It’s called A Million Miles in a Thousand Years, and it’s written by Don Miller, author of Blue Like Jazz and Through Painted Deserts.  Miller is an openly Christian writer (the first printing title of Through Painted Deserts was Prayer and the Art of Volkswagen Maintenance), and while I find that a plus, some of you may not.  I ask you to bear with me, and bear with him.  The exploration of the nature of story and narrative in A Million Miles in a Thousand Years is worth reading even if you have an abiding disregard for Christianity.

Through A Million Miles in a Thousand Years, Miller walks through the shadowlands of minor celebrity, writer’s block, and the fear that nothing he writes will ever be as good as or as successful as Blue Like Jazz – taking us on a first-person journey through the realities of what Dean Wesley Smith called the myth of ‘If I can ____, then I’ve made it.

Don Miller taught me to expect more of my characters, to make them deeper, and to make their narratives have meaning to them and to me.  I’m also trying to learn a few things about living my own life (my New Year’s Resolutions have survived into February, though they’re a bit ragged, so that’s something, at least).

Miller has also helped correct one weakness I sort of “took away” from Algis Budrys’s work (not Budrys’s fault, I’m sure): the tendency to make the main character somewhat passive, or at least reactive, coming into action only when a problem happens to him (or her). Miller’s description of story, “a character who wants something and overcomes obstacles to get it,” is at once the most succinct and powerful description I have ever read.

Again, I strongly recommend you check out A Million Miles in a Thousand Years.  It’s very different from the other two books I’ve recommended, but no less valuable.

The Three Best Books on Writing I’ve Ever Read, Part Two

This week I’ll talk about a book I heard about in a discussion on Dean Wesley Smith’s website, the late Algis Budrys’s, Writing to the Point.  I’d always had a tremendous difficulty in putting together good plots, especially endings, until I read Writing to the Point.  Budrys lays out the basics of plotting, with incredibly clear examples, and does it in all of 64 pages.  Seriously, this is the author’s Book of Five Rings.

It sounds ridiculous, a writer who isn’t good at plotting, like a drummer who can’t keep rhythm or a skater with poor balance.  But I was there, and I think a lot of new writers spend time in that dark valley: you’re bursting with ideas, characters, and themes, but without a plot, you don’t have a story.  Without an internalized plot that you understand, you don’t have direction, and your writing goes in circles, wandering in the wilderness for forty revisions (well, yours might not, but mine did).  King Solomon said, “Without a vision, the people perish.”  Well, without a vision, my writing perished.

Combined with my buying into the myth of endless rewriting, this sucked me into an endless series of rewrites and revisions, and every time I finished one pass, I realized I had even more work to do on the next pass.  No matter how hard I pressed the gas, I always got further from my destination.  It seems like that would be an obvious sign that I’m going in the wrong direction, doesn’t it?

Writing to the Point was road map, GPS, and a passenger-seat navigator all rolled into one.  Within the first couple of chapters, Algis Budrys laid bare everything I’d been doing wrong, and showed me how to start doing it right.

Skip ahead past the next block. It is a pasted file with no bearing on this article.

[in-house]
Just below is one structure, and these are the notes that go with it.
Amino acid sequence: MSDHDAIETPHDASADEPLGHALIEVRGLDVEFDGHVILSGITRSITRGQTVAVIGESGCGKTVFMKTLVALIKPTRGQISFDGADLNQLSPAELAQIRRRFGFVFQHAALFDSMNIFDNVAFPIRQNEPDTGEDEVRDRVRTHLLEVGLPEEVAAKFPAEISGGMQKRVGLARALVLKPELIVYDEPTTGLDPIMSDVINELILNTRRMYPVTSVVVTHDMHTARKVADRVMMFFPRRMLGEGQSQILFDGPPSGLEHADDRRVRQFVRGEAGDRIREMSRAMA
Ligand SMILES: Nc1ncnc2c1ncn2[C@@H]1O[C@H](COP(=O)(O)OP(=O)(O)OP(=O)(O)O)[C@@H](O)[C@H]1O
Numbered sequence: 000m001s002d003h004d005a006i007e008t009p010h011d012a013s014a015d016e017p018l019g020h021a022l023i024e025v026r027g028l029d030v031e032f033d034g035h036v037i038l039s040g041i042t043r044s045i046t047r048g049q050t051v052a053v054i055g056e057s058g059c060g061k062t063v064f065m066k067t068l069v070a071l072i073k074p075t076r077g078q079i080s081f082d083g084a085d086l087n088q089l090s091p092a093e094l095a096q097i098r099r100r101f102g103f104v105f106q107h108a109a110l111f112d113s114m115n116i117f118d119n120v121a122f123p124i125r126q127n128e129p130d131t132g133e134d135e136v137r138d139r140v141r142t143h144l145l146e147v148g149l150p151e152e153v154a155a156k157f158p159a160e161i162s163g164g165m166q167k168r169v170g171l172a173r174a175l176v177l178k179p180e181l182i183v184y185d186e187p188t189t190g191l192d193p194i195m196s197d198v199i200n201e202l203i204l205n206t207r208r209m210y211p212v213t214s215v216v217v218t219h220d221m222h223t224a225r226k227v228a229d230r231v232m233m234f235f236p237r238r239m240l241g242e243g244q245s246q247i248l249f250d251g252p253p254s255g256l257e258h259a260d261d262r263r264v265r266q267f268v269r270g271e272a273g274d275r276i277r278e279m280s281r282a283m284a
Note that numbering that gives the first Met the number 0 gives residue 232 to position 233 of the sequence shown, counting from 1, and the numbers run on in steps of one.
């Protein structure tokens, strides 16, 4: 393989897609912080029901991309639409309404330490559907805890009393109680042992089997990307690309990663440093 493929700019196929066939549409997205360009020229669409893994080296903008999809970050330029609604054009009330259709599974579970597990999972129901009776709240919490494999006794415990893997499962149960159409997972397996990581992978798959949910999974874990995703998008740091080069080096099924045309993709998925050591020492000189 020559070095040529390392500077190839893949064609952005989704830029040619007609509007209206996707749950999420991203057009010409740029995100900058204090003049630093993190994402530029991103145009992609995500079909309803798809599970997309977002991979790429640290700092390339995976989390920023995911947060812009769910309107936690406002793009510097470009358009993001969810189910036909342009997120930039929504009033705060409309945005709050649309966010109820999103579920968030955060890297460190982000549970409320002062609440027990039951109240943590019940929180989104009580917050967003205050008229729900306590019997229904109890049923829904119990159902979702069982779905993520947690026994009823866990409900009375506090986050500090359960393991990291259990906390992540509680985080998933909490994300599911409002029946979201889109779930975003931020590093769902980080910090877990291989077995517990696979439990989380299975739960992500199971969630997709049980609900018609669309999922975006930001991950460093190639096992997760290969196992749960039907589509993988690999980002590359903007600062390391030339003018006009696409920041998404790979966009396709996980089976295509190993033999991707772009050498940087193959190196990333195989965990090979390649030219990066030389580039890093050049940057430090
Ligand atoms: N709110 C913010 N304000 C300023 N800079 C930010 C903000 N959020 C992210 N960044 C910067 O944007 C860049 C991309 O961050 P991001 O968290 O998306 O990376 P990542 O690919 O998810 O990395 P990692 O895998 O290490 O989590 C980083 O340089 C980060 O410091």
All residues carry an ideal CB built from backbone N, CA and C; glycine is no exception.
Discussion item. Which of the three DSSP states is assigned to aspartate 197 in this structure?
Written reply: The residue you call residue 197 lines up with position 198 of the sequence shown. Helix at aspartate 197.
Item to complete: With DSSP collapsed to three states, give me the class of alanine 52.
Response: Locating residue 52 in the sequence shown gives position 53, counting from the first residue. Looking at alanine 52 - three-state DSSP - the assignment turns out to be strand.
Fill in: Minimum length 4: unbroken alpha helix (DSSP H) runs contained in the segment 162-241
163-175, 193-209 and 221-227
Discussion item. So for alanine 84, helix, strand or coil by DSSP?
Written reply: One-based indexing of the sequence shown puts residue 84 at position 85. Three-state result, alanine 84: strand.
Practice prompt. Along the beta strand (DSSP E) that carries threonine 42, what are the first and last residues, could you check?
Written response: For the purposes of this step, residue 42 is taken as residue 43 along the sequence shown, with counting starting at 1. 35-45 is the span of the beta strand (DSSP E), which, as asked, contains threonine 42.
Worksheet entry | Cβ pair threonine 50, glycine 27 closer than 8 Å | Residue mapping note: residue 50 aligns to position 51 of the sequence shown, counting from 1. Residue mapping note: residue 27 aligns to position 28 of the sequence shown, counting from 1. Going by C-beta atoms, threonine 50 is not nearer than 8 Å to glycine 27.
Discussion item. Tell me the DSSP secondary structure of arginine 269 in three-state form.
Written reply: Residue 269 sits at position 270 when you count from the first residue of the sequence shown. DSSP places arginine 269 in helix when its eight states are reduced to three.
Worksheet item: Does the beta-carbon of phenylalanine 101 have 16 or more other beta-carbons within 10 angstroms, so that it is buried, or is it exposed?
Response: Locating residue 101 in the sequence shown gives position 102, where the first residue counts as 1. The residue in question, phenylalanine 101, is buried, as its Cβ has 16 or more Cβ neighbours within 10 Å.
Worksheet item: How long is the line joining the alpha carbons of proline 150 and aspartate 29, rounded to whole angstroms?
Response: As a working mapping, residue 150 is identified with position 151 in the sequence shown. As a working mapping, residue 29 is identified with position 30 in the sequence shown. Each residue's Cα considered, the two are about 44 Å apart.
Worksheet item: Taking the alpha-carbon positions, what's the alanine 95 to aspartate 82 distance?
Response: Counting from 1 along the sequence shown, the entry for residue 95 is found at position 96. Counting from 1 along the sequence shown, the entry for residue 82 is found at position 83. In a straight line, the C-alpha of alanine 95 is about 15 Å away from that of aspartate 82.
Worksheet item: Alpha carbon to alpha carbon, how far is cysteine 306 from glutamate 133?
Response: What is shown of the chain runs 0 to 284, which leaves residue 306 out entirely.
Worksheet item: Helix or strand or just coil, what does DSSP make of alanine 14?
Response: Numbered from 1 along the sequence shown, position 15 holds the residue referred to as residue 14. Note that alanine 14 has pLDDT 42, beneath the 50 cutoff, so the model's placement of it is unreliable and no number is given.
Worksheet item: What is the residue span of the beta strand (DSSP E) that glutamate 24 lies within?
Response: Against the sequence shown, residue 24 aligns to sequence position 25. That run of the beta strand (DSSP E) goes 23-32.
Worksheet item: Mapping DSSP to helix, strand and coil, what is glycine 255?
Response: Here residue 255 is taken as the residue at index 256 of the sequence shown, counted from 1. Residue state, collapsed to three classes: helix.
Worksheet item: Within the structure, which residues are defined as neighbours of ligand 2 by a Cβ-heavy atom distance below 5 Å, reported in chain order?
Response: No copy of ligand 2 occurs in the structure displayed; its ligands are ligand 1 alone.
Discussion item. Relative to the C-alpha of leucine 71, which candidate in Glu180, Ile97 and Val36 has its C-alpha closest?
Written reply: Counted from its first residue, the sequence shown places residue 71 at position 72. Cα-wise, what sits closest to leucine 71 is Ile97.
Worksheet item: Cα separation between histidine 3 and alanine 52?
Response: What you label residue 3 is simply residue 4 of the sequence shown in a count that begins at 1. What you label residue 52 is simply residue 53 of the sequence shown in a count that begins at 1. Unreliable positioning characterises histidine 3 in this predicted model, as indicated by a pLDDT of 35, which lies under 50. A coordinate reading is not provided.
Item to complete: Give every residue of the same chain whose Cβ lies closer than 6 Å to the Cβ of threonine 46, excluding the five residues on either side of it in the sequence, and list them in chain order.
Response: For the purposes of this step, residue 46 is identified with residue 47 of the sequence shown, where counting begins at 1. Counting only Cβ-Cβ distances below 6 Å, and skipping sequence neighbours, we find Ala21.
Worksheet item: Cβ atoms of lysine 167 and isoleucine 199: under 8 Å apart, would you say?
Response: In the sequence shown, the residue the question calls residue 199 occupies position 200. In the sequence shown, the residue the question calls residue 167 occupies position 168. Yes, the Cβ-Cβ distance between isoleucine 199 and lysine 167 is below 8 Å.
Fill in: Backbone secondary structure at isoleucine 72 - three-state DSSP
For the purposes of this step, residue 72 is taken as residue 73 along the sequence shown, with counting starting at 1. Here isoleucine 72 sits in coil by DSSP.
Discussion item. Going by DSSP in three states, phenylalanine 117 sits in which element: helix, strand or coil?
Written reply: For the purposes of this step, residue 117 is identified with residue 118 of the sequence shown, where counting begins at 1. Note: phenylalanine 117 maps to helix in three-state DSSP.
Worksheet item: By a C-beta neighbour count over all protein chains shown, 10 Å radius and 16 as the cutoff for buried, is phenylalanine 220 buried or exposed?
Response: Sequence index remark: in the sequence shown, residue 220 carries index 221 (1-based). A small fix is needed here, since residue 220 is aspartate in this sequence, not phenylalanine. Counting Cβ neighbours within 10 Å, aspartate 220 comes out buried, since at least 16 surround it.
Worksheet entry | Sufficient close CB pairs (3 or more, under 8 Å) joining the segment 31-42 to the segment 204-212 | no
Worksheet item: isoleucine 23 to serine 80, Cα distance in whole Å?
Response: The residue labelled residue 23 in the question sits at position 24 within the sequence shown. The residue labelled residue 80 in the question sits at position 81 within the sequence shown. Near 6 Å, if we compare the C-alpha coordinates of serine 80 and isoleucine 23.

I don’t think I’ll get in too much trouble if I give the basic seven-point story structure Budrys describes.  I’ve even heard online that it predates him, but you know how (un)reliable blogs and forums are. J

1) A character (or characters).

2) In a setting or context

3) With a problem (or a goal)

4) Basic attempts to solve the problem/achieve the goal (calling the police, or realizing the police aren’t equipped to deal with a zombiepocalypse, for example.  This is mostly there so the readers know the characters aren’t carrying the idiot ball).  Clearly, this can’t work, or you don’t have much of a story.

5) Two or three escalating attempts to solve the problem/achieve the goal.  Of course, these have to fail to resolve the problem, but they don’t have to be ‘failures’ in the sense of nothing getting accomplished or the protagonists being defeated.

6) The climax of the story.  Budrys calls this “Victory or Death,” and it’s the time when the main characters either stand or fall.

7) The denouement.  Budry calls this “Affirmation.”  Essentially, the reader needs to be assured that the conflict is over.  The goal has been achieved, the problem has been solved, or the character has failed utterly.  It’s done.

I’ve found this outline useful for writing everything from short stories to novels.  I’ve not yet written a novel with a single 7-step structures, but both Blood for Blood and Blood Guilt are composed of several of these story-structures with an overarching theme and timeline.

Part of being a writer is actually writing successfully, and plotting is absolutely foundational.  I can hardly express how helpful Writing to the Point has been for me on this point.  I think every writer, especially new and beginning writers, should read this book.

PS – On a related note, Writing to the Point is allegedly out of print, and people are trying to sell it on Amazon.com for $45, which is better than the $200 they were charging a year ago.  Even though the advice is well worth the price, don’t pay $200, or even $45 for a used copy: Action Publishing has new editions for $10.50.